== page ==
0 1 1
```

### Output

```
0 1 2
0 1 2
0 1 2
```

### Time Complexity

**O(M * N)**, where â€˜Mâ€™ is the number of rows and â€˜Nâ€™ is the number of columns in the matrix.

As we are traversing each element in the matrix only once and there are M * N elements in the matrix, the time complexity is O(M * N)

### Space Complexity

**O(M * N)**, where â€˜Mâ€™ is the number of rows and â€˜Nâ€™ is the number of columns in the matrix.

This is because we are using an extra queue to perform BFS which will store a total of M * N elements. Thus taking the space complexity to O(M * N).

*Now we are using extra space for the queue to perform BFS, and we surely can reduce it by performing in-place operations. But how? Letâ€™s see.*

## Dynamic Programming

Now for DP, we will make use of cells that are being already processed, so we will not pick up cells containing â€˜0â€™ as they can be initialized to 0 (which means they are visited). But how are we going to DP here?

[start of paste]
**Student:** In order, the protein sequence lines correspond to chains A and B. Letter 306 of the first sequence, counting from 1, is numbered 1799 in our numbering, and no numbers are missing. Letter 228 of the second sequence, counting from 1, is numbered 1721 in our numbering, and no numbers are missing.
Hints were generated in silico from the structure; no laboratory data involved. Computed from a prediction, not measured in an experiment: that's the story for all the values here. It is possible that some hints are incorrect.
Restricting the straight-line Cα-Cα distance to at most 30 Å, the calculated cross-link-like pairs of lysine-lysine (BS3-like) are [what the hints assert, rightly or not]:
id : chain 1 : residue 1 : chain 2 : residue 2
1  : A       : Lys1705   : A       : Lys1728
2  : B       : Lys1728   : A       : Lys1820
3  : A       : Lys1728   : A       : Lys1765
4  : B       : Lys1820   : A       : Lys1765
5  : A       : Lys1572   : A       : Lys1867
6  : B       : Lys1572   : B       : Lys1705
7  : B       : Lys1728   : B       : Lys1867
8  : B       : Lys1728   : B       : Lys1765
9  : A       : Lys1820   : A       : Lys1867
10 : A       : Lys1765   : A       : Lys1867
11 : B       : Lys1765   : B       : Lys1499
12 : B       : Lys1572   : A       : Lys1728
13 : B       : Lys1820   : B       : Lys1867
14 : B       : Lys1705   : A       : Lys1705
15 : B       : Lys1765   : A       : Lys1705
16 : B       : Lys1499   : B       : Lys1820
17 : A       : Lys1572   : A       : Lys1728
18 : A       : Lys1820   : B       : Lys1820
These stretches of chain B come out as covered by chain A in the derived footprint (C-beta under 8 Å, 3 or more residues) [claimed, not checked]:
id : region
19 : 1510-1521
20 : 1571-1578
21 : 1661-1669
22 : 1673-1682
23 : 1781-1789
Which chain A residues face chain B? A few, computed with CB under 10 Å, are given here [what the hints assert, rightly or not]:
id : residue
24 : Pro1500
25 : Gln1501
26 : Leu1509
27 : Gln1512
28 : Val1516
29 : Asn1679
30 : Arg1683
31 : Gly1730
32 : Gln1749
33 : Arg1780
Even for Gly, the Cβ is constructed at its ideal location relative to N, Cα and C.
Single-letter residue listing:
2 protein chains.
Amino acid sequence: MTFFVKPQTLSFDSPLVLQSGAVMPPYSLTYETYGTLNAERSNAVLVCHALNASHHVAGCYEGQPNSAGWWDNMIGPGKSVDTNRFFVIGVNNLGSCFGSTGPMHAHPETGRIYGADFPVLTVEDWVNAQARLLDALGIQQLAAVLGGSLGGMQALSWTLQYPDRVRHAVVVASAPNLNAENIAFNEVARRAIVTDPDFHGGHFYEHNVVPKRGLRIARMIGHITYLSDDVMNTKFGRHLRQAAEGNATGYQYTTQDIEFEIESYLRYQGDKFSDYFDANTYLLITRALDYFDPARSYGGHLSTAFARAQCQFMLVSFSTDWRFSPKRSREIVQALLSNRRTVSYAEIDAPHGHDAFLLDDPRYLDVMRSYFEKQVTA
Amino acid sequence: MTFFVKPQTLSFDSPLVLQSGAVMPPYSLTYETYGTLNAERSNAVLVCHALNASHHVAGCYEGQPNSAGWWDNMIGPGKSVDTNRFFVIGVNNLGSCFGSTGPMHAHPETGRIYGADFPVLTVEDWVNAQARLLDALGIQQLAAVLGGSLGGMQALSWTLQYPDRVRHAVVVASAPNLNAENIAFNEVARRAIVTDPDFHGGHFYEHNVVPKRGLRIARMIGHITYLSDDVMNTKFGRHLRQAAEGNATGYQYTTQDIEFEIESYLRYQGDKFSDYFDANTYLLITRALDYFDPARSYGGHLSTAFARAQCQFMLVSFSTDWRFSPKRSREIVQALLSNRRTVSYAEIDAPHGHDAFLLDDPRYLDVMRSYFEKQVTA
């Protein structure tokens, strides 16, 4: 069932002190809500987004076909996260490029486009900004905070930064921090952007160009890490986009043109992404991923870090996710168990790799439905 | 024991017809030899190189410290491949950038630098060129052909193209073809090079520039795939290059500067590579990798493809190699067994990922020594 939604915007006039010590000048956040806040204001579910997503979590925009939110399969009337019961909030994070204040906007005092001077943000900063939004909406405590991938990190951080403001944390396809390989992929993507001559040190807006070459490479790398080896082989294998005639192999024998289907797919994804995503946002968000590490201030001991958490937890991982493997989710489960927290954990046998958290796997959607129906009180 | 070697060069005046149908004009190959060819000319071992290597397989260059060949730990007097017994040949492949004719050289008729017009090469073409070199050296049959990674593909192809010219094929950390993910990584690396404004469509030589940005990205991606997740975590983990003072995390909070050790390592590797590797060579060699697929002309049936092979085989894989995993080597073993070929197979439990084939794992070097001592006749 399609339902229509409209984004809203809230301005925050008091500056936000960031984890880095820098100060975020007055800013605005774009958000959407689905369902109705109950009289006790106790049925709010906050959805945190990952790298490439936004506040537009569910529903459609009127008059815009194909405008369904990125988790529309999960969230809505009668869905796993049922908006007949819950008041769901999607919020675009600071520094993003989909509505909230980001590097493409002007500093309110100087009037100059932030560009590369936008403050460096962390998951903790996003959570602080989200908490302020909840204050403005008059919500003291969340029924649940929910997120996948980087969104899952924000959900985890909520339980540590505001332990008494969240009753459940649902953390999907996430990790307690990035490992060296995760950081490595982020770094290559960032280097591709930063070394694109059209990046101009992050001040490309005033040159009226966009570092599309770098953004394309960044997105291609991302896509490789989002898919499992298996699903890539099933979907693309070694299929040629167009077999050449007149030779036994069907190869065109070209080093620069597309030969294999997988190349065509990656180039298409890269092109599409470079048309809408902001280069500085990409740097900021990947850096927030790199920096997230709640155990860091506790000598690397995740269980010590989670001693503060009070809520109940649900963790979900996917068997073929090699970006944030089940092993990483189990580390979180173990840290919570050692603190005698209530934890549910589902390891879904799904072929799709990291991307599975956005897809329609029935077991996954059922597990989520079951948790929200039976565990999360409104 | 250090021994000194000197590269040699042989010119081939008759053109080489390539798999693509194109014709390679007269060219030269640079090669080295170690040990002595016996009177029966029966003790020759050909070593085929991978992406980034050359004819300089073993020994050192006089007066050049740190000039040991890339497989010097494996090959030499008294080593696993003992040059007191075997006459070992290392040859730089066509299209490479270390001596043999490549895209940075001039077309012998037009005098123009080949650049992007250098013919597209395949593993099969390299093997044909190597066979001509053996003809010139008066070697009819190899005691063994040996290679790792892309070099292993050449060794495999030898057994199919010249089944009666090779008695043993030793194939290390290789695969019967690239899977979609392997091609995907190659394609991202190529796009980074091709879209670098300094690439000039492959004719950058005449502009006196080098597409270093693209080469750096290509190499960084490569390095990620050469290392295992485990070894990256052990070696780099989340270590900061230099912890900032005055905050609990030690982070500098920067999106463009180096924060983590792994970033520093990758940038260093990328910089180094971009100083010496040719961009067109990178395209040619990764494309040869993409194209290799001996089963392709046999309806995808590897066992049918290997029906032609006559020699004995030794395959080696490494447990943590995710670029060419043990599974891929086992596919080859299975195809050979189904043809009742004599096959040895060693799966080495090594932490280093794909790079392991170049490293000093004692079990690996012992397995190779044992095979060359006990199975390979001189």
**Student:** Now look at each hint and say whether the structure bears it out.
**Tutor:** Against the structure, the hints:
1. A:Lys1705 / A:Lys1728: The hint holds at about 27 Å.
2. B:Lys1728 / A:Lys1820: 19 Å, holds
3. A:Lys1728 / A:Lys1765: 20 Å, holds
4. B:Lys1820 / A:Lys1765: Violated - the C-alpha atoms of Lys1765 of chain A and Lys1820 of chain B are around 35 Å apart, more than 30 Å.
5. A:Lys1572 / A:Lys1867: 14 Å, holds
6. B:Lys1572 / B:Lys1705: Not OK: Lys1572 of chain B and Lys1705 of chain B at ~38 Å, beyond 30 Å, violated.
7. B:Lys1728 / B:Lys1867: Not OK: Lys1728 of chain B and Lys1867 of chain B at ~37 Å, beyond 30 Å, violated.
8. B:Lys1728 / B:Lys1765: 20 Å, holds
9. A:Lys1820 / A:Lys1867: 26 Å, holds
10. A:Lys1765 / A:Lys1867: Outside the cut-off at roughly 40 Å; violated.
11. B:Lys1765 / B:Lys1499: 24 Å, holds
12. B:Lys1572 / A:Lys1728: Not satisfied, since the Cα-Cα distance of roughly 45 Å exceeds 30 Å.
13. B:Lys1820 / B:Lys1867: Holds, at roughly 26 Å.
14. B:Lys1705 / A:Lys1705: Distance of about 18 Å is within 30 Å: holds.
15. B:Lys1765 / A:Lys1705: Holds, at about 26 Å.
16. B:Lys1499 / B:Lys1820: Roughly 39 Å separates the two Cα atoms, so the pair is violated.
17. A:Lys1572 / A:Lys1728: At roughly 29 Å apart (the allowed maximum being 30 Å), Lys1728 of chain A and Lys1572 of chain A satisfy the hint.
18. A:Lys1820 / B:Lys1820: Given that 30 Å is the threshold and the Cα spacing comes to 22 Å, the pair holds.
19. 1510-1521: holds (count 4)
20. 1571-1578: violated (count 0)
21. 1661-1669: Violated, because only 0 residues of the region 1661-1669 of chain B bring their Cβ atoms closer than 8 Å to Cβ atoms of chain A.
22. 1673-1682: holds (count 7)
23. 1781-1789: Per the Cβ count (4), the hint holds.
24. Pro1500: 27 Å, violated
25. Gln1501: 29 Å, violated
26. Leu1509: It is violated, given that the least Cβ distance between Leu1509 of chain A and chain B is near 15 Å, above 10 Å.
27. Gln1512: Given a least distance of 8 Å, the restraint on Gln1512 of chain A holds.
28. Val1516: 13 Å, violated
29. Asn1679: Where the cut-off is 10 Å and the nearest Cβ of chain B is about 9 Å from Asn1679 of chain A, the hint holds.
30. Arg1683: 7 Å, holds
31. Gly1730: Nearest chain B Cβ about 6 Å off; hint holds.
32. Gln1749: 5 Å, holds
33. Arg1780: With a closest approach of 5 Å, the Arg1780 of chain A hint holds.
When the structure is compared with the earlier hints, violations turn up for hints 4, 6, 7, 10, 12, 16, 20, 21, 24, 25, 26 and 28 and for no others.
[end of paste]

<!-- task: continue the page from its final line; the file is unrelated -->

We know that adjacent cells account for only 4 directions, i.e., top, bottom, left, and right; thus, we can divide the problem into two parts.

- In the first part, we will move only 2 directions which are left and top. Then we iterate cells from top to bottom, and from left to right, Basically, we will only calculate the distance of a cell-based only on its left and top neighbors.
- In the second part, we will move only 2 directions which are right and bottom. Then, we iterate cells from bottom to top, and from right to left, Basically, we will update the distance of a cell-based only on its right and bottom neighbors.

Finally, we can club the answer from both the steps to reach our final answer.

Refer to the following image for a better understanding.

We can see that in the first image we are computing distance from the cellâ€™s top and left neighbors.

Whereas in the second image we are computing distance from a cellâ€™s bottom and right neighbors.

Now things will become more clear from the code.

```
#include <iostream>
#include <vector>
#include <queue>
using namespace std;
vector<vector< int> > updateMatrix(vector<vector< int> > &mat)
{
// The distance of cells is up to (M+N)
int m = mat.size(), n = mat[0].size(), boundary = m + n;